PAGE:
Also of considerable interest, Frei said, is the apparent role of lipoic acid supplementation in reducing weight gain. It appears to have this effect both through appetite suppression, an enhanced metabolic rate, and at least in laboratory animals has been shown to stimulate higher levels of physical activity, which again would increase caloric expenditure and further reduce weight.
Mice given lipoic acid supplements simply chose to eat less than a control group that did not receive supplements, suggesting a reduced appetite. In another test, mice that received supplements gained less weight than other mice in a control group that were given identical amounts to eat, suggesting a higher metabolic rate and enhanced activity levels.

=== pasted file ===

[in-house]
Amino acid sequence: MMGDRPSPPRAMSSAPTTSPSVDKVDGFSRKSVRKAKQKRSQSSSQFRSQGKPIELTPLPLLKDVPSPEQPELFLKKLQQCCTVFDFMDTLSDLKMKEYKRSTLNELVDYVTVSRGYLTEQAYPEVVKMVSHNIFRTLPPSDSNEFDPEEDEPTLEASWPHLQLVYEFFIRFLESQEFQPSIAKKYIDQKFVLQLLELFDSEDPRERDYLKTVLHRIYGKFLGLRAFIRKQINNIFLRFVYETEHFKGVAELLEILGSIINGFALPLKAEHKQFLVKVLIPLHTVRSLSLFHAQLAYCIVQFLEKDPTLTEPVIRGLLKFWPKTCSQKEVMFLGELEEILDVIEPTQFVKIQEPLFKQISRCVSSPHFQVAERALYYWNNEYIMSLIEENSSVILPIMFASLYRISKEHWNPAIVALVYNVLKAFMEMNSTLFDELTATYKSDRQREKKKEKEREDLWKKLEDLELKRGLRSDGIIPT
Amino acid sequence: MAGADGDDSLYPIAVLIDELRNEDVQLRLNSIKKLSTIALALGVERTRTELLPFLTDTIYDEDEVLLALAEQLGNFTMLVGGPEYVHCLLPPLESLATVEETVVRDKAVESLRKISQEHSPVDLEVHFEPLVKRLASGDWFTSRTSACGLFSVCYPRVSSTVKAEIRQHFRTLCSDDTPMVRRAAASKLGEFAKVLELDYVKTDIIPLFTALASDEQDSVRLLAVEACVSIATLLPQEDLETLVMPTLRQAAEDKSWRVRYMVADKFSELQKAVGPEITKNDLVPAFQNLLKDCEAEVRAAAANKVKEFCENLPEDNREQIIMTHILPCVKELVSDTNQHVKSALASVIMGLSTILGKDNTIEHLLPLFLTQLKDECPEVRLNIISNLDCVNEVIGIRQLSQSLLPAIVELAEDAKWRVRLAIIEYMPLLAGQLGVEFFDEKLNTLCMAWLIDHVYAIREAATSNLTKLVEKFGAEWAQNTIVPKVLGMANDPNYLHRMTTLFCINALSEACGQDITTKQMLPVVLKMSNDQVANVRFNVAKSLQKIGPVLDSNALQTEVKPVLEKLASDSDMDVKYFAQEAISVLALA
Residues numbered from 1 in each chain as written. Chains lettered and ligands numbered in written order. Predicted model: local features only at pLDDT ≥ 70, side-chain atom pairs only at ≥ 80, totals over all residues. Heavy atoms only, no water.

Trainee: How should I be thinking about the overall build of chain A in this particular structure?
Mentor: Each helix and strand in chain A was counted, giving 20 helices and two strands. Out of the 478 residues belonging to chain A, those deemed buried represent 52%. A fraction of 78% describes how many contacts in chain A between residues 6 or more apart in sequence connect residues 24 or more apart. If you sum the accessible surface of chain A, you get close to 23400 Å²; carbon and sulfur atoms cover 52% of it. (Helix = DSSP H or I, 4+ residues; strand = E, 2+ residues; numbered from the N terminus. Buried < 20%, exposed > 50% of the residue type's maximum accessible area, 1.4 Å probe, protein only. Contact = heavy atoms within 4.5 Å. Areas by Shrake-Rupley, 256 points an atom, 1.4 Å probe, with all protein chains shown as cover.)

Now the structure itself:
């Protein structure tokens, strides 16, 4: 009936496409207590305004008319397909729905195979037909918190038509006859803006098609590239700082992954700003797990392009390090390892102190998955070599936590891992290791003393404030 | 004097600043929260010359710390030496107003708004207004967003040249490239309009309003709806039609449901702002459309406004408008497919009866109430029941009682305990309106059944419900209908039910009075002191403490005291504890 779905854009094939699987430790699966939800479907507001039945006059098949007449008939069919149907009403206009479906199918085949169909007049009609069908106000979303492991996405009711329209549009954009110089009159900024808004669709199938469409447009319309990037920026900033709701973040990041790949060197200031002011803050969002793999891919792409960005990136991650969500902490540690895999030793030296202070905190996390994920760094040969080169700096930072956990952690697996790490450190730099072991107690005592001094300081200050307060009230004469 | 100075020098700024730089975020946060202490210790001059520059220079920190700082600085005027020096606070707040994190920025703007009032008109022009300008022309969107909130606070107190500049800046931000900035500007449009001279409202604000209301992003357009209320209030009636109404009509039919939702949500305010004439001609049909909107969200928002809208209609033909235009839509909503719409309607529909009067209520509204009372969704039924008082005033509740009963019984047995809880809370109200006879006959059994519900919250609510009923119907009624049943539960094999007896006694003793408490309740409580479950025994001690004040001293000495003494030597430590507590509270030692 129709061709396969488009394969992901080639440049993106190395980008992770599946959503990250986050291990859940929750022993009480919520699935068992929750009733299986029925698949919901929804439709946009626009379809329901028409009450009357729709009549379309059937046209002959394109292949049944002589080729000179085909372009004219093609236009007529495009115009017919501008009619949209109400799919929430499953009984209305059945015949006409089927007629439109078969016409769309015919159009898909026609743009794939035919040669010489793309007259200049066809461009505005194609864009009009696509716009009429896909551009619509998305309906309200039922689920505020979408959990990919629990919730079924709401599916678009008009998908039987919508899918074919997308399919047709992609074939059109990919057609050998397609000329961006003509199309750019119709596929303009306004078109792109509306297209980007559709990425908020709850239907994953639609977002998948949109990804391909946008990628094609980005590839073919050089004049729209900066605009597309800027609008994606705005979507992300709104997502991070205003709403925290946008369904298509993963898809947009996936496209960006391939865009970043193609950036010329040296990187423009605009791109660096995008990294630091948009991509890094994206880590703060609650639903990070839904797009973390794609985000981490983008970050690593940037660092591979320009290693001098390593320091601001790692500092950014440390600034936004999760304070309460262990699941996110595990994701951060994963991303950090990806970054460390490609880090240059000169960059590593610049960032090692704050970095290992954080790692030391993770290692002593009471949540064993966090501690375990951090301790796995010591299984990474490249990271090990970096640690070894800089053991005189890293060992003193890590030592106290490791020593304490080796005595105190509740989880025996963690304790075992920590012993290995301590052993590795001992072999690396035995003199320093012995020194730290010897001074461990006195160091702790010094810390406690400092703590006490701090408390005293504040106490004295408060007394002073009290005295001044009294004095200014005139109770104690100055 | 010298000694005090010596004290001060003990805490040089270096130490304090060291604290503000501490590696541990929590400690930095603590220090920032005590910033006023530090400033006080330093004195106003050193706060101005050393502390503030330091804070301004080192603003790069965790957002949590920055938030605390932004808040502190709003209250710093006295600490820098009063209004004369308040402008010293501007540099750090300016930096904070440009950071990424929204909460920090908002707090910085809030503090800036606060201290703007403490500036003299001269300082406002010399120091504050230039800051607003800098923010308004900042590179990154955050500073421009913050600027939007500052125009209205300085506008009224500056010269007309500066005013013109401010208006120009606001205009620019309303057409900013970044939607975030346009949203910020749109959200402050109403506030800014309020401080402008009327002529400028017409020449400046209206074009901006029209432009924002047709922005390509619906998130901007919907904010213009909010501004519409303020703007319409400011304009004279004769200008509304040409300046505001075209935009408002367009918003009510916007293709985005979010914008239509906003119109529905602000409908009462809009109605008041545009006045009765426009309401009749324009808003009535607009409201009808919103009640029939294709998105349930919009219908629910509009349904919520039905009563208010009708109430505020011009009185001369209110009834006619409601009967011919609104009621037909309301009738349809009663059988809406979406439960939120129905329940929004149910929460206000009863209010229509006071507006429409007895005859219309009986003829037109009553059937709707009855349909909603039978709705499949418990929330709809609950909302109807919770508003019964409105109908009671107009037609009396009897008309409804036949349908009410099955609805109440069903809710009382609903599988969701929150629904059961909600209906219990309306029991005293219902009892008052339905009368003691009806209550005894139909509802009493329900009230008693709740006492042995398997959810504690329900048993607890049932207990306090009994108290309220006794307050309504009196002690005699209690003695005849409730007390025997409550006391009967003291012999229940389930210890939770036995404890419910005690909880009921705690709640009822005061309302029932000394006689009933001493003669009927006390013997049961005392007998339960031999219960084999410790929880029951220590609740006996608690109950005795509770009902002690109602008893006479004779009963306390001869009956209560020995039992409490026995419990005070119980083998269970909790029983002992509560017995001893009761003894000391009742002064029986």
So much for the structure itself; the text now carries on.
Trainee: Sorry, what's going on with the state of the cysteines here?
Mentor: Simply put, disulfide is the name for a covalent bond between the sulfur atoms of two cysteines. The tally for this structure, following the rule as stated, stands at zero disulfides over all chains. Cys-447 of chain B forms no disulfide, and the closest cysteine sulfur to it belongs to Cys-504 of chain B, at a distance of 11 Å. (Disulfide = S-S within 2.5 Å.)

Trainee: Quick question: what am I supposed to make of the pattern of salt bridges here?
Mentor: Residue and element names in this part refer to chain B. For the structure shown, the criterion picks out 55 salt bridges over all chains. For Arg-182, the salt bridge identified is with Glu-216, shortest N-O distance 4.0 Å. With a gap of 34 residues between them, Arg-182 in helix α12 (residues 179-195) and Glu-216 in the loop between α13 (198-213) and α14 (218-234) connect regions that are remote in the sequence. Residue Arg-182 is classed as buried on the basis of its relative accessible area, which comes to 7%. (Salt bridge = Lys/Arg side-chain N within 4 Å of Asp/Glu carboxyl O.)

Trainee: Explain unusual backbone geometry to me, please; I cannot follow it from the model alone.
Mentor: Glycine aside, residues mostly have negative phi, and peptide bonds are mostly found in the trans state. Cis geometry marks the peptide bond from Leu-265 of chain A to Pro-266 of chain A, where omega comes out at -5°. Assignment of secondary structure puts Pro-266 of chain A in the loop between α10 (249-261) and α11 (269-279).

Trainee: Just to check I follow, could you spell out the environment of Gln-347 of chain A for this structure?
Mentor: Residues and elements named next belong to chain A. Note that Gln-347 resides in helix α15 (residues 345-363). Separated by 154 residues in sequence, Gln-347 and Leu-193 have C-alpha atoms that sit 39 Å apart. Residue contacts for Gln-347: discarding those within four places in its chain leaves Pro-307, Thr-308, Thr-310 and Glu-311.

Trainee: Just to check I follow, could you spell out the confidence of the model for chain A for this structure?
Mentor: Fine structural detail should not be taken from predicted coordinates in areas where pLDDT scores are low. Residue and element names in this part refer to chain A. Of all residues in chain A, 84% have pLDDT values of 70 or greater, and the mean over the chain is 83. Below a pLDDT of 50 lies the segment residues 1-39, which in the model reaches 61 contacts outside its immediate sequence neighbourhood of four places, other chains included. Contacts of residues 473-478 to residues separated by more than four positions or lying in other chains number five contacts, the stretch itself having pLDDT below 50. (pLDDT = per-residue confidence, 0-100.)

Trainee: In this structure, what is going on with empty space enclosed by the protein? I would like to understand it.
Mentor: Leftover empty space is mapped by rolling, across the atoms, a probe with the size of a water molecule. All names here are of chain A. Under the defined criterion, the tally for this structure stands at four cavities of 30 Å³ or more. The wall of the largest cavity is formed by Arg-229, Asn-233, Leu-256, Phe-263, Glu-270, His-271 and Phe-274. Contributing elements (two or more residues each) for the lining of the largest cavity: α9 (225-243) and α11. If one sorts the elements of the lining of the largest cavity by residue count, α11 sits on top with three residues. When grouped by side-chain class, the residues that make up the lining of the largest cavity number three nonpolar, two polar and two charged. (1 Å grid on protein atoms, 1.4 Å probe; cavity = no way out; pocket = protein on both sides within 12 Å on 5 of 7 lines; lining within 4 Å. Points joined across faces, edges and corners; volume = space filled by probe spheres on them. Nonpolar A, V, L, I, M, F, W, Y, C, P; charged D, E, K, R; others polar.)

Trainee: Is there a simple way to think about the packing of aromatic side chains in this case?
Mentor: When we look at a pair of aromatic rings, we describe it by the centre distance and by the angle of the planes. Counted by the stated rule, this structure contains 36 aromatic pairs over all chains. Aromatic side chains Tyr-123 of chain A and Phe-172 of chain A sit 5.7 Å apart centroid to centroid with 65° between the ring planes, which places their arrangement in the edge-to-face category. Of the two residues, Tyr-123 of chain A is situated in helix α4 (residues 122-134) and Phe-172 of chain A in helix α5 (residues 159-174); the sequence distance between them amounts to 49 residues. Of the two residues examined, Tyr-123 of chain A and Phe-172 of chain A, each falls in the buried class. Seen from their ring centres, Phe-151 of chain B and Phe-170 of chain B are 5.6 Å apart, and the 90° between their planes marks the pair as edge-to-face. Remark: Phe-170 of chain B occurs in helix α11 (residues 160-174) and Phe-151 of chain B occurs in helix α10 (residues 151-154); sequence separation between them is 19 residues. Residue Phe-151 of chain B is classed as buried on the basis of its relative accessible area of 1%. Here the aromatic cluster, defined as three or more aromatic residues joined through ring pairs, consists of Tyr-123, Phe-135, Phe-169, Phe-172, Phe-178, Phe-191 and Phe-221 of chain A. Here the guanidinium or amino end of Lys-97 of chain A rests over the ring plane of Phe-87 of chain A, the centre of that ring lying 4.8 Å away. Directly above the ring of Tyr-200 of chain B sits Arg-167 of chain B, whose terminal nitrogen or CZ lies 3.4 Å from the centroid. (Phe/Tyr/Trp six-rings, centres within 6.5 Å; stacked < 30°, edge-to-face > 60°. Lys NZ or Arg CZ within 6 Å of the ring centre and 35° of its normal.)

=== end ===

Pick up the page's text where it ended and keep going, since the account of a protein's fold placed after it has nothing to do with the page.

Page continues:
Weight gain and obesity is a major risk factor for atherosclerosis and heart disease, and lower weight and abdominal fat may be one of the mechanisms by which lipoic acid has beneficial effects, Frei said. The study concluded that lipoic acid supplementation may be a promising approach to prevent weight gain and to lower cardiovascular disease risk in humans.
Although some of the most compelling research with lipoic acid research has been done in mouse models, scientists say, there should be a reasonable extrapolation to humans, because the lipoprotein profile is similar, as well as the composition of the atherosclerotic lesions. These mouse models are routinely used in studies of human atherosclerosis.
|Contact: Balz Frei|
Oregon State University